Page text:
Mikey Weinstein Goes after Okinawa POW Bible. Again.
By now you’ve probably seen the reports saying Michael “Mikey” Weinstein filed a complaint (PDF, through his lawyer) about a Bible at a POW/MIA display at Okinawa, Japan. What these reports don’t seem to convey is this is just Mikey being Mikey. Every couple of months he makes these kinds of complaints; they hit a high point every now and then, fade into the background later, and maybe catch peoples’ attention again.
The POW/MIA display is a piggy bank for Weinstein. If his coffers get low, he can pull one of these from his files and try to get attention.
To prove the point, consider that the subject of this latest complaint at US Naval Hospital Okinawa is a POW/MIA table that is on permanent display. It’s been there for years. Nothing changed in the past week to suddenly cause 26 MRFF “clients” to now live in — quote — “mortal fear” because of this display. Yet, somehow, that’s what Mikey claims happened.
Sickeningly, Weinstein is even trying to (incorrectly) use veterans’ groups to buttress his accusation. The National League of POW/MIA Families defended the Bible:
“The Bible was always intended to be there,” said Stephensen, of Boise, Idaho. “The POWs held in Hanoi vehemently turned to God for comfort and safety and persistence…”
“I don’t see where the harm is,” Stephensen added. “If somebody’s going to take offense to it, they’re making a conscious effort to be offended.”
Recognizing the credibility and emotion associated with such a group, Weinstein tried in vain to gain his own, implying the American Legion agreed with him:
Asked about the POW/MIA group’s position, Weinstein said the American Legion does not require a Bible at its “Missing Man” displays.
That’s deflection — and it’s also repulsive.
This isn’t about anyone requiring a Bible at a POW/MIA display; this is about someone trying to require there not be a Bible at a display. The American Legion does not prohibit Bibles.
This tripe came from Chris Rodda two years ago, and her argument was as fallacious and worthless then as it is now.
There’s nothing new here. In fact, Weinstein has complained about POW/MIA displays on Okinawa before. In 2016, US Marine Col Brian Howlett — commander at Camp Hansen, one of the other Marine Corps camps on Okinawa — told Mikey Weinstein to pound sand. The Bible stayed. (Naval Hospital Okinawa is associated with Camp Butler.)
Mikey Weinstein has little to lose here. If his complaint hits the news, then it worked — and he gets publicity and maybe a few “donations.” If it doesn’t work, he loses nothing; he just tries again later.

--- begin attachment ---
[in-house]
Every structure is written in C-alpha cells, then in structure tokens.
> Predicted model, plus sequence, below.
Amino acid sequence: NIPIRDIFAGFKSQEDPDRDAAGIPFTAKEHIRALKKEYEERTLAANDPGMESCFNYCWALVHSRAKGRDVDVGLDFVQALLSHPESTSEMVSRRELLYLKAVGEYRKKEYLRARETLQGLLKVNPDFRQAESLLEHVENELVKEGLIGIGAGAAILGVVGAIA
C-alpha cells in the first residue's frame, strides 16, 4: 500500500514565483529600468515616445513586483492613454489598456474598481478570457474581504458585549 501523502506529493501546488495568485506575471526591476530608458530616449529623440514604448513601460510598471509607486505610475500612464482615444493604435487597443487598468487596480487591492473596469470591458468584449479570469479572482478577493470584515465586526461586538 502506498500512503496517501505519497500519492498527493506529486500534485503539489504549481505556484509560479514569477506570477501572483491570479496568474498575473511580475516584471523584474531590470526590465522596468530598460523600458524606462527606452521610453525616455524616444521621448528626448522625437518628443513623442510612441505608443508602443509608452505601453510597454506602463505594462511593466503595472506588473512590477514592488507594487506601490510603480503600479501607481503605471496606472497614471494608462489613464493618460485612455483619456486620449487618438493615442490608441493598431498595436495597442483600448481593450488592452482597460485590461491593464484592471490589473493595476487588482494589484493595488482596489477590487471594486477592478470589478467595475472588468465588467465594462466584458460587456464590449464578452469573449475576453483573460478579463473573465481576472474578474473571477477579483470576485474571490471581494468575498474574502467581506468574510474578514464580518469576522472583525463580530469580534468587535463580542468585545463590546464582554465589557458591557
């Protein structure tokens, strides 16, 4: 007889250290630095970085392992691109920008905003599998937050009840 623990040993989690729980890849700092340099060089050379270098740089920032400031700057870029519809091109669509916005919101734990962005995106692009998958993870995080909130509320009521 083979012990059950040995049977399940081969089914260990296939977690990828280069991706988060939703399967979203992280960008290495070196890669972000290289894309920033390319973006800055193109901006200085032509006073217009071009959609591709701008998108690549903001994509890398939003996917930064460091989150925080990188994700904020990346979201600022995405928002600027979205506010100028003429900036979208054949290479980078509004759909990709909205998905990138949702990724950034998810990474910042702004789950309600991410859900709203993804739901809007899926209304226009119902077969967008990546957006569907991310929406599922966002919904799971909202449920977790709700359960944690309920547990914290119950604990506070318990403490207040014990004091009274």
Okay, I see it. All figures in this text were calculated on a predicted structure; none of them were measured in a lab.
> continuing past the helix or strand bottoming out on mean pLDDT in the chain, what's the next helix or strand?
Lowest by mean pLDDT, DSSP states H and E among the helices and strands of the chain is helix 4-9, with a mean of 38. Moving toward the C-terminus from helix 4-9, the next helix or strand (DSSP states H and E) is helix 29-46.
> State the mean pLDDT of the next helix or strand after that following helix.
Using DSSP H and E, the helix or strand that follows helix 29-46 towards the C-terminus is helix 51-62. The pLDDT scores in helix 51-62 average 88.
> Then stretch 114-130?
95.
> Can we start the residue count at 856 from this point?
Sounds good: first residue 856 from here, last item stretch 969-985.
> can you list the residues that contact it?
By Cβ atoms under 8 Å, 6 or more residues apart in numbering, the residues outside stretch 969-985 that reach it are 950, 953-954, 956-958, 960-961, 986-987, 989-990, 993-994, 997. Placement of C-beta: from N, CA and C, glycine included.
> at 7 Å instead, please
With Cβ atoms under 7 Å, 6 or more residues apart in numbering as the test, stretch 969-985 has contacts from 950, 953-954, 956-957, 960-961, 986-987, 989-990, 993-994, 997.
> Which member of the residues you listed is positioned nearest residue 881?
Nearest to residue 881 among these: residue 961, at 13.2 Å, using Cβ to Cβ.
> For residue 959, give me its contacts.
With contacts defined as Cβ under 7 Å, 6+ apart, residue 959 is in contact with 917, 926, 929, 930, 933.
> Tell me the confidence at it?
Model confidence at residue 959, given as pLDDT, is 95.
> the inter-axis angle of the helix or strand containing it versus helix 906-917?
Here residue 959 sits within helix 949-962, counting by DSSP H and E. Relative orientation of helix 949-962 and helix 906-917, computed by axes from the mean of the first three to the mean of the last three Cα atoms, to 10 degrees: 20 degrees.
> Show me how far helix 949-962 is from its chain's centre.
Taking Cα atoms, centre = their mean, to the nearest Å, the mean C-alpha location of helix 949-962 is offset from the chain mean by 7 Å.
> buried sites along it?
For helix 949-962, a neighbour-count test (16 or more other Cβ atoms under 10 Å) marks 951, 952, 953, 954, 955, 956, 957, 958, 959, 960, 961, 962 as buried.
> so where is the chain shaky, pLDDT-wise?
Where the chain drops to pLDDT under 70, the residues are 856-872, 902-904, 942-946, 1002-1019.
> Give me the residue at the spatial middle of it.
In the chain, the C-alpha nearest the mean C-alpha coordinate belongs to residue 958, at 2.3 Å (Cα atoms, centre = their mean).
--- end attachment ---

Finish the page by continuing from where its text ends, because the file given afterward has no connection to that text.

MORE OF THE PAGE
But why does he keep trying? Despite the fact the Bible on the POW/MIA display has long been defended — even by the military itself — Weinstein occasionally finds a commander, office manager, or random person who will hide, cover, or replace the Bible with a blank book with the hope they’ll appease him. But such moral cowardice is blood in the water for Weinstein. You will never achieve “peace in our time” by giving a schoolyard bully what he wants.
Even the Naval Hospital Okinawa response — Rear Adm. Paul D. Pearigen is reportedly opening an “investigation” — arguably benefits Weinstein’s cause because it lends an air of unwarranted legitimacy to his complaint. After all, why is an “investigation” even necessary? And does each individual military installation really need to go through this charade? This should be settled policy for the entire Department of Defense.
If Naval Hospital Okinawa must conduct an “investigation” over the Bible at a POW/MIA display, it should conduct it upward, with a request to their superiors to state with clarity DoD policy on the matter.
Settle it. Then, Mikey Weinstein has nowhere to go. It ends.
Mikey Weinstein is, by his own admission, an agitator. He is a self-serving malcontent who will continue to make these complaints so long as he has the remotest chance of publicity — read: money for his personal paycheck. (It is almost ironic, as others have pointed out, that Weinstein is using freedoms protected by those being honored by the POW/MIA table in his attempt to denigrate it.)
The most effective way to stop these semi-annual complaints is to end the access to publicity. Give Mikey Weinstein the consistent, correct answer, and the media will bore of him: There is nothing wrong with a Bible on a POW/MIA memorial table. It doesn’t have to be there — the military’s view is neutral. But it would be wrong to prohibit it from being there.
If military installations can’t do that on their own, the DoD should do it for them. Then, rather than defending the honor of its veterans against a perennial malcontent, the US military can return to its actual mission of defending our Nation.